CURTIS, Neb.- A college class assignment for growing winter wheat added several doses of reality this fall in test plots near Grant, Nebraska.
Drought conditions and limited supplies of hybrid varieties are a taste of the real world, shared students from the Crops Practicum II course at the Nebraska College of Technical Agriculture.
Aggie students of Dr. Brad Ramsdale had three main components for their project:
- Select a hybrid variety of winter wheat (ranking top five choices)
- Plan a seeding rate desirable for the yield goal and crop conditions
- Decide yes or no on use of a starter fertilizer
Three-person teams each have a small 6-foot x 40-foot test plot to manage with the assistance of staff and scientists at the Harvey J. Stumpf International Wheat Center east of Grant. Each plot is replicated three times for research purposes.
“First we took soil samples, and in our second visit we were able to watch the test plots get planted,” said Gavin Tremblay of Hoxie, Kansas. “I live back in northwest Kansas, so wheat production is very important there, too.”
Tremblay is a second-year diversified agriculture student at NCTA, and a member of the crop judging team.
For the practicum course, Tremblay and his teammates, Spencer and Joel, opted to use a starter fertilizer. For seed selection, the team received their second choice, a variety called WestBred Grainfield.
“I’d like to see the response to no starter fertilizer,” Tremblay said of the research trial. “I really just want to see how hearty the wheat crop can be, given how dry it is there (in Perkins County).”
Planning for planting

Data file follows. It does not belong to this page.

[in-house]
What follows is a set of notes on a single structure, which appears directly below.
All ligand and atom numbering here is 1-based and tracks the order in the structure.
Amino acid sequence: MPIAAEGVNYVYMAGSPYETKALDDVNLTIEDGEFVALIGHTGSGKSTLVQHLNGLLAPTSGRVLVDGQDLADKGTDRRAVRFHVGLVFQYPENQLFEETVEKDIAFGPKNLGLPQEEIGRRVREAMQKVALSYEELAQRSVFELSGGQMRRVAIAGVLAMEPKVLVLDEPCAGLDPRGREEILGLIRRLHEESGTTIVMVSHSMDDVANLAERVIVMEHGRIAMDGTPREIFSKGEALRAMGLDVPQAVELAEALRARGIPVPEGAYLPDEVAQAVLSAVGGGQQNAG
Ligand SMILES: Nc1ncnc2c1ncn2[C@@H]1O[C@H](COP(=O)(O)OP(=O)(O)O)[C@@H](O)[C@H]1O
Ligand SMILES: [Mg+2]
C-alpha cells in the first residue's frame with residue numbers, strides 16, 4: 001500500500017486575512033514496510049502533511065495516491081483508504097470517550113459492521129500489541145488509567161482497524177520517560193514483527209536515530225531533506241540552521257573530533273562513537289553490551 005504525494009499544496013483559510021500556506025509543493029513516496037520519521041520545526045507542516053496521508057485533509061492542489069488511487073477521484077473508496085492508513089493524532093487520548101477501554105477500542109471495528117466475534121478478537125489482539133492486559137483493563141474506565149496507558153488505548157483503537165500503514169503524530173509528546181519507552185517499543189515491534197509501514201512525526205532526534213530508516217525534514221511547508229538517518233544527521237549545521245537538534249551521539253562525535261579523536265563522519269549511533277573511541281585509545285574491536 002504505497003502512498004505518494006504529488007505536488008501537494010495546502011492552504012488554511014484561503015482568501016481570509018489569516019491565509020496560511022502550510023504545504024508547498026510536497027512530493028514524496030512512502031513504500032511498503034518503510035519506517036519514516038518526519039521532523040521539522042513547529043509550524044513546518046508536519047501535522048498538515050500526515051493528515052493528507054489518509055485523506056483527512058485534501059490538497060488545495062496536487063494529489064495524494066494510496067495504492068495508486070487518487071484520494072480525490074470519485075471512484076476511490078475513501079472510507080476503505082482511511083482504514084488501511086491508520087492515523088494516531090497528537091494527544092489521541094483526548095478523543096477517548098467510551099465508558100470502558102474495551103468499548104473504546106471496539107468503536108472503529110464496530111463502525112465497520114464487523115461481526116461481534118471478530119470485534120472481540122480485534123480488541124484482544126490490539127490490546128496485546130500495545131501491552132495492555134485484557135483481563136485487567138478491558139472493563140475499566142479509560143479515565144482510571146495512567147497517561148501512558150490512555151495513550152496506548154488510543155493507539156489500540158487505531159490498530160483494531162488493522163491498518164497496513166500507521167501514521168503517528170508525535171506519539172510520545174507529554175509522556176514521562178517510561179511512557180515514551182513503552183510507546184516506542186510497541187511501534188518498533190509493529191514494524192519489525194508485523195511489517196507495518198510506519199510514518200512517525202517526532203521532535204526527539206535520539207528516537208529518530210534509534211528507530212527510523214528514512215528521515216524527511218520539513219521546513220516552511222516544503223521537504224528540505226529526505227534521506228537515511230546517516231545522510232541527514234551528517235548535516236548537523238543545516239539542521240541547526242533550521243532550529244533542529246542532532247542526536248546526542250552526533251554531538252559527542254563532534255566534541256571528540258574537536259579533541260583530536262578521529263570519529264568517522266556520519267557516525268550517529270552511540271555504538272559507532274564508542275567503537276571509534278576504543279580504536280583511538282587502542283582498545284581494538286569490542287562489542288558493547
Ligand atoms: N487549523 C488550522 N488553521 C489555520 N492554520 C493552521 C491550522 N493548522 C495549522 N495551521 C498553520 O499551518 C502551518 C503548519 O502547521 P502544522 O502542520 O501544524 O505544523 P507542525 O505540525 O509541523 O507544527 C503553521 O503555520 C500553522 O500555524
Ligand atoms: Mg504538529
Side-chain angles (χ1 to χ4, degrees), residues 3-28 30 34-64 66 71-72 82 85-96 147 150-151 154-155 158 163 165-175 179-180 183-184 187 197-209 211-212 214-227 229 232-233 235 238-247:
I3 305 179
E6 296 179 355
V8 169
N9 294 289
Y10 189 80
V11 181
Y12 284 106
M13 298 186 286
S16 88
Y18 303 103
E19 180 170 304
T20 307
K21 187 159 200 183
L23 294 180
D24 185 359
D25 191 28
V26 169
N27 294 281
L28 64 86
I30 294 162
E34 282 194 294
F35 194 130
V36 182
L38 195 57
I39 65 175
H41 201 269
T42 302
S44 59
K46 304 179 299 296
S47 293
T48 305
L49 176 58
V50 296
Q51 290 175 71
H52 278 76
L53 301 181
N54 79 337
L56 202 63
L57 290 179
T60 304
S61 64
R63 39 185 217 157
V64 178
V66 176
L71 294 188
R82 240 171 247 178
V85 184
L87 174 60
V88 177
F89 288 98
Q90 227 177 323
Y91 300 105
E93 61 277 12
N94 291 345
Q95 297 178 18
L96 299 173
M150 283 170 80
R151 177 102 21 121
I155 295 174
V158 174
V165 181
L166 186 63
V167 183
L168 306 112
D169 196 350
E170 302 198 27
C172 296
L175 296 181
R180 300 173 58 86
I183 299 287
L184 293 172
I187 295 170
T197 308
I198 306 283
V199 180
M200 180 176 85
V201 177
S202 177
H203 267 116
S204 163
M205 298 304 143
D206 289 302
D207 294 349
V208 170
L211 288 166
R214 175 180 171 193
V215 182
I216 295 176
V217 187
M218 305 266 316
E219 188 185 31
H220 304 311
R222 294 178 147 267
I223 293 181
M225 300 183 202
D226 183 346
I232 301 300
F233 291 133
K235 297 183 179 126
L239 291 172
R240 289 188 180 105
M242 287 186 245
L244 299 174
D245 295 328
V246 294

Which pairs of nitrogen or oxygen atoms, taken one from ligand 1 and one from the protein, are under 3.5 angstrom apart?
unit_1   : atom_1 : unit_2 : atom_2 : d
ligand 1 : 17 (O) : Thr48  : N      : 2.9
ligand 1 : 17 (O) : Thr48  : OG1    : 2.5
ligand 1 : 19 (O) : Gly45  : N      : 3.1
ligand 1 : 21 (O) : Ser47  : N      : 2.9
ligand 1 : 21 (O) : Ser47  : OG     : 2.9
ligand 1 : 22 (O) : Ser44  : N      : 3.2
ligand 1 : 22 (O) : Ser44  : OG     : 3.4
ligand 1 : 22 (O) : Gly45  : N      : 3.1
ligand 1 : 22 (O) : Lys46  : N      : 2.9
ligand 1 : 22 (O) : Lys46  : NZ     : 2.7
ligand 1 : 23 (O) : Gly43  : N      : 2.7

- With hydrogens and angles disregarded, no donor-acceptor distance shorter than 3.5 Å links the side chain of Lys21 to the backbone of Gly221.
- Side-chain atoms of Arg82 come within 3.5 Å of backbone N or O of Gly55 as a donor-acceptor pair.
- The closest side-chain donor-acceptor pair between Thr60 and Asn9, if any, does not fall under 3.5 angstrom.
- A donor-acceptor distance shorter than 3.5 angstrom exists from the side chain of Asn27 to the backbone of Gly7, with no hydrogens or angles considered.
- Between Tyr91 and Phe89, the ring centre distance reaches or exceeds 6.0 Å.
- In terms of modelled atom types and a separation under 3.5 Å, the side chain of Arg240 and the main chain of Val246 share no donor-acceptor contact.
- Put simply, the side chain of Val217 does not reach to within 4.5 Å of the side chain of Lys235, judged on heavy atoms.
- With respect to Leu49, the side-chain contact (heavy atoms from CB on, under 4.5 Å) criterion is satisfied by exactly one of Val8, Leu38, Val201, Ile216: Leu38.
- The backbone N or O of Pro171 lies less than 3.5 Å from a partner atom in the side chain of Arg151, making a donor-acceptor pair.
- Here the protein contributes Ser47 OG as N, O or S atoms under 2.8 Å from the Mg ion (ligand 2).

“I am from an area that is not a very big farming community and haven’t had the opportunity to be around extensive crop production,” said Codi LaBorde of Milliken, Colorado.
“I have observed that there is a lot more planning that goes into crop production than what you see from the outside,” she said. LaBorde also is a second-year competitor on the NCTA crop judging team.
Part of her take-away in the research experience, she said, is learning about planning, communication and understanding how inputs and soil moisture can affect yields.
“I’m looking forward to seeing how the plants come up because it’s a lot drier out there at Grant,” she said. “We have better moisture at the fields here at campus.”
The students will be making treks this fall and next spring between the Curtis campus and the Stumpf site, a 150-mile round trip. Both are part of the University of Nebraska system, which provides unique hands-on learning programs.
“We will also be participating in a wheat nitrogen experiment that will include utilizing a drone sensor for determining spring nitrogen needs,” Professor Ramsdale said. “The project is primarily working with Nicolas Cafaro La Menza, cropping systems specialist at the West Central Research, Extension and Education Center, and Samantha Daniel, crops and water extension educator for Perkins County.”